Harris said more mental health professionals are needed in schools, as well as retaining teachers.
“We shouldn’t just be focusing on metal detectors and school resource officers to meet gunmen at the door. Much of the time that assaults on schools happen, it’s students, former students who feel ostracized, who aren’t having their mental health care taken care of,” Harris said.
More funding for teaching reading and writing is also necessary, according to Harris.
Wolf and Harris share an opinion on the top three budget priorities for Virginia: education, mental health care access and Interstate-81 improvements.
“Interstate 81 is going to take a whole lotta money to fix,” Harris said.
The candidates vary on gun control. Campbell, a gun owner, supports the right to bear arms, but believes in gun safety education. Beery, also a gun owner, said gun regulations are necessary. Harris said deaths from gun violence can be limited with solutions, such as gun safety education. Huffman, a 2nd amendment supporter, supports responsible gun ownership.
Wolf said that Virginia spent $288 million last year on gun violence.
“We need to confront this on many layers,” Wolf said. He supports law enforcement, protecting schools and mental health access.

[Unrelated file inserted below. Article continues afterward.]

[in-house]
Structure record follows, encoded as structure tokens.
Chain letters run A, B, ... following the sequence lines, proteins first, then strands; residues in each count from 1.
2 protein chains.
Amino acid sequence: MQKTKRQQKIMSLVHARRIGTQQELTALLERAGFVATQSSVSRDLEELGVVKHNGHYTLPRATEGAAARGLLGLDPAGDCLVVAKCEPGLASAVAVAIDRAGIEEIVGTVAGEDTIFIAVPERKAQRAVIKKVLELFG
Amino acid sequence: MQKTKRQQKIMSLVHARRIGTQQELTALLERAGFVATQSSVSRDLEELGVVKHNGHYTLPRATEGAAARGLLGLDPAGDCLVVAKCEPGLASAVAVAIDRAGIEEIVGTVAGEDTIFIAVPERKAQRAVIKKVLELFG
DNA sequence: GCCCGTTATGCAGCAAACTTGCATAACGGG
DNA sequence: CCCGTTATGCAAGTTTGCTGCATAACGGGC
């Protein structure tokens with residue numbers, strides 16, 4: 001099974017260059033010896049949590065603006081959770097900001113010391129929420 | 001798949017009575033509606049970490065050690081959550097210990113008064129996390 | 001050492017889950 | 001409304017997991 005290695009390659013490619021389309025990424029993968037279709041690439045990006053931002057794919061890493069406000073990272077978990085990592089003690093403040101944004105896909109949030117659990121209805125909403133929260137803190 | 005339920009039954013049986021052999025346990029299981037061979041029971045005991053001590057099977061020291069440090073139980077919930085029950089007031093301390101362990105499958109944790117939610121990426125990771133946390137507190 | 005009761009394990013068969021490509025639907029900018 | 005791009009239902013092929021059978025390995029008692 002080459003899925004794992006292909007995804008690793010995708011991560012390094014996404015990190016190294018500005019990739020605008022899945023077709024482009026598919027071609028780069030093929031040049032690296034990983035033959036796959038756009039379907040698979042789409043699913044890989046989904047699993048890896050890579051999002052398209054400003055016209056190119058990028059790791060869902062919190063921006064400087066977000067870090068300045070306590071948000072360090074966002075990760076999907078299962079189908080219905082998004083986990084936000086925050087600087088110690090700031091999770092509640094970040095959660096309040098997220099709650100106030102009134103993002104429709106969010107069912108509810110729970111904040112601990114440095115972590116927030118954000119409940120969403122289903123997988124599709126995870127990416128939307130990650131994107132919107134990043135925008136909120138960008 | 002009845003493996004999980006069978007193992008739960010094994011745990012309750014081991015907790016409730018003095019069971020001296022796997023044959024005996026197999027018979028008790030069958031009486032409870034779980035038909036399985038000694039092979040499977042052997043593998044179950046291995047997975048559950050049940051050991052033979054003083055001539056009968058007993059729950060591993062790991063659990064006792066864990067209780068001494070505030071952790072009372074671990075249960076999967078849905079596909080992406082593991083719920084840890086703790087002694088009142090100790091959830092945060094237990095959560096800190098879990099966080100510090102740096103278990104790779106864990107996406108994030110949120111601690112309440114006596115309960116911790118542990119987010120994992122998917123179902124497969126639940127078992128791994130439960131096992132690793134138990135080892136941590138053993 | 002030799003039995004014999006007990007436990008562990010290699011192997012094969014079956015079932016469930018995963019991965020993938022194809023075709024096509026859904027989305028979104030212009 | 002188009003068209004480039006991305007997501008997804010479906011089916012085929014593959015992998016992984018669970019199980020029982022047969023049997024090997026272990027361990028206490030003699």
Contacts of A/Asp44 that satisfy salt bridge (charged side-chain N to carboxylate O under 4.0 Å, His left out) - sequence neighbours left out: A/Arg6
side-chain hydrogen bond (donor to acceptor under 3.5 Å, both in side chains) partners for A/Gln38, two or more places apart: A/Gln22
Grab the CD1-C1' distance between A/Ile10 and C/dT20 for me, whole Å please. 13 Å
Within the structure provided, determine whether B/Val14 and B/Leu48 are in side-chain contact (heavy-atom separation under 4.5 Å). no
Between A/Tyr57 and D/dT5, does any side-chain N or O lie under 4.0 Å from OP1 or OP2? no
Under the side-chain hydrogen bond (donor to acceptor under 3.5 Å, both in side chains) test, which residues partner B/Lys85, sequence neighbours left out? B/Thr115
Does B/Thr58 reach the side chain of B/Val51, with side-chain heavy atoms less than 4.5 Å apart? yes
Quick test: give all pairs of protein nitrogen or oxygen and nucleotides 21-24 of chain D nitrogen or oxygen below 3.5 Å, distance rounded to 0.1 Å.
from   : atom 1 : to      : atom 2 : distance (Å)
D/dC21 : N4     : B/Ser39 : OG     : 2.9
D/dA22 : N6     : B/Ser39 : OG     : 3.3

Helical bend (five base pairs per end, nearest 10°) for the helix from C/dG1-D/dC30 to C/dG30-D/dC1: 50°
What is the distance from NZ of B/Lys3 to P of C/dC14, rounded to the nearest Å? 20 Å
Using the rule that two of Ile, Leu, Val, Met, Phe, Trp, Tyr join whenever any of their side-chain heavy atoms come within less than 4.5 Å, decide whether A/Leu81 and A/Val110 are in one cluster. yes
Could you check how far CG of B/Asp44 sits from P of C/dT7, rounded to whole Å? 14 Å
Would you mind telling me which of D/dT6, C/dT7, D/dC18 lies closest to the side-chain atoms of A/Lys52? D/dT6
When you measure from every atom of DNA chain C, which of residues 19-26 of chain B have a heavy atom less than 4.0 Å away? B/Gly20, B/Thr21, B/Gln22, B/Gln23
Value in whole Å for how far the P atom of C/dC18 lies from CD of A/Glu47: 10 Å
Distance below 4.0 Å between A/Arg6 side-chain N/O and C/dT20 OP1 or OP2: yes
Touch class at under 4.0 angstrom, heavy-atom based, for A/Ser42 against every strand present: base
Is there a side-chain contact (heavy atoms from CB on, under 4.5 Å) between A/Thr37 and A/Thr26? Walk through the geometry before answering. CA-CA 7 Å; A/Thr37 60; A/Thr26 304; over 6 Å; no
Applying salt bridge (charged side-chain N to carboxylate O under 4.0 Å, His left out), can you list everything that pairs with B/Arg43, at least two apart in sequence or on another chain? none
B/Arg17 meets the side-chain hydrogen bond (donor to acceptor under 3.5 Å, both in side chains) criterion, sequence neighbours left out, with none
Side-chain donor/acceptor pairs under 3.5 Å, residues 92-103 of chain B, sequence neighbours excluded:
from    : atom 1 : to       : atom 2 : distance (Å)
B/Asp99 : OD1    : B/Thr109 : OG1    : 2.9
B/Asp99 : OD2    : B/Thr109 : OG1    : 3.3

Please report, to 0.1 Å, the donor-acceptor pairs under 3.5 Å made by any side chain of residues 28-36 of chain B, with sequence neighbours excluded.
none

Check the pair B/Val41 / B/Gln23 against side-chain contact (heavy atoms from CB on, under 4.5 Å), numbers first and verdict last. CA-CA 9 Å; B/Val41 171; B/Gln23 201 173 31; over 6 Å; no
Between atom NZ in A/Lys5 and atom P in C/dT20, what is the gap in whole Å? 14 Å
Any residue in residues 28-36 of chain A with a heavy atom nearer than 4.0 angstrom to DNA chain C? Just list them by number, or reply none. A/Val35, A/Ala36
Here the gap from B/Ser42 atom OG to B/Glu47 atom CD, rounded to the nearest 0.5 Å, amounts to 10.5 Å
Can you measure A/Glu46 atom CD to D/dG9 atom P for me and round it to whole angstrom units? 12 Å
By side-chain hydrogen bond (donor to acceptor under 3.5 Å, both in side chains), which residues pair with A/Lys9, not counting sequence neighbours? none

If elected, Wolf said he will propose a 30 percent excise tax on gun and ammunition sales.
“We need the funding to confront this to really bring those solutions to make an impact,” Wolf said.
Wolf was asked whether Democrats will ever be able to negotiate with Republicans on abortion legislation.
“I think we have to be able to talk across the aisle and find common ground in some ways. That doesn’t mean we back off from where we stand,” Wolf said. Women’s health care and abortion are critical elements.
Huffman, Beery and Harris were asked if they are working to stop anti-choice organizations in Virginia.
Huffman is pro-life, Beery supports access to birth control and women’s privacy and Harris said every woman has a right to make their own decision.
“We already settled Roe v. Wade,” Harris said of Democrats and Republicans when the legislation was made national law in 1973.
Early voting in Virginia begins Friday, Sept. 22, 2023.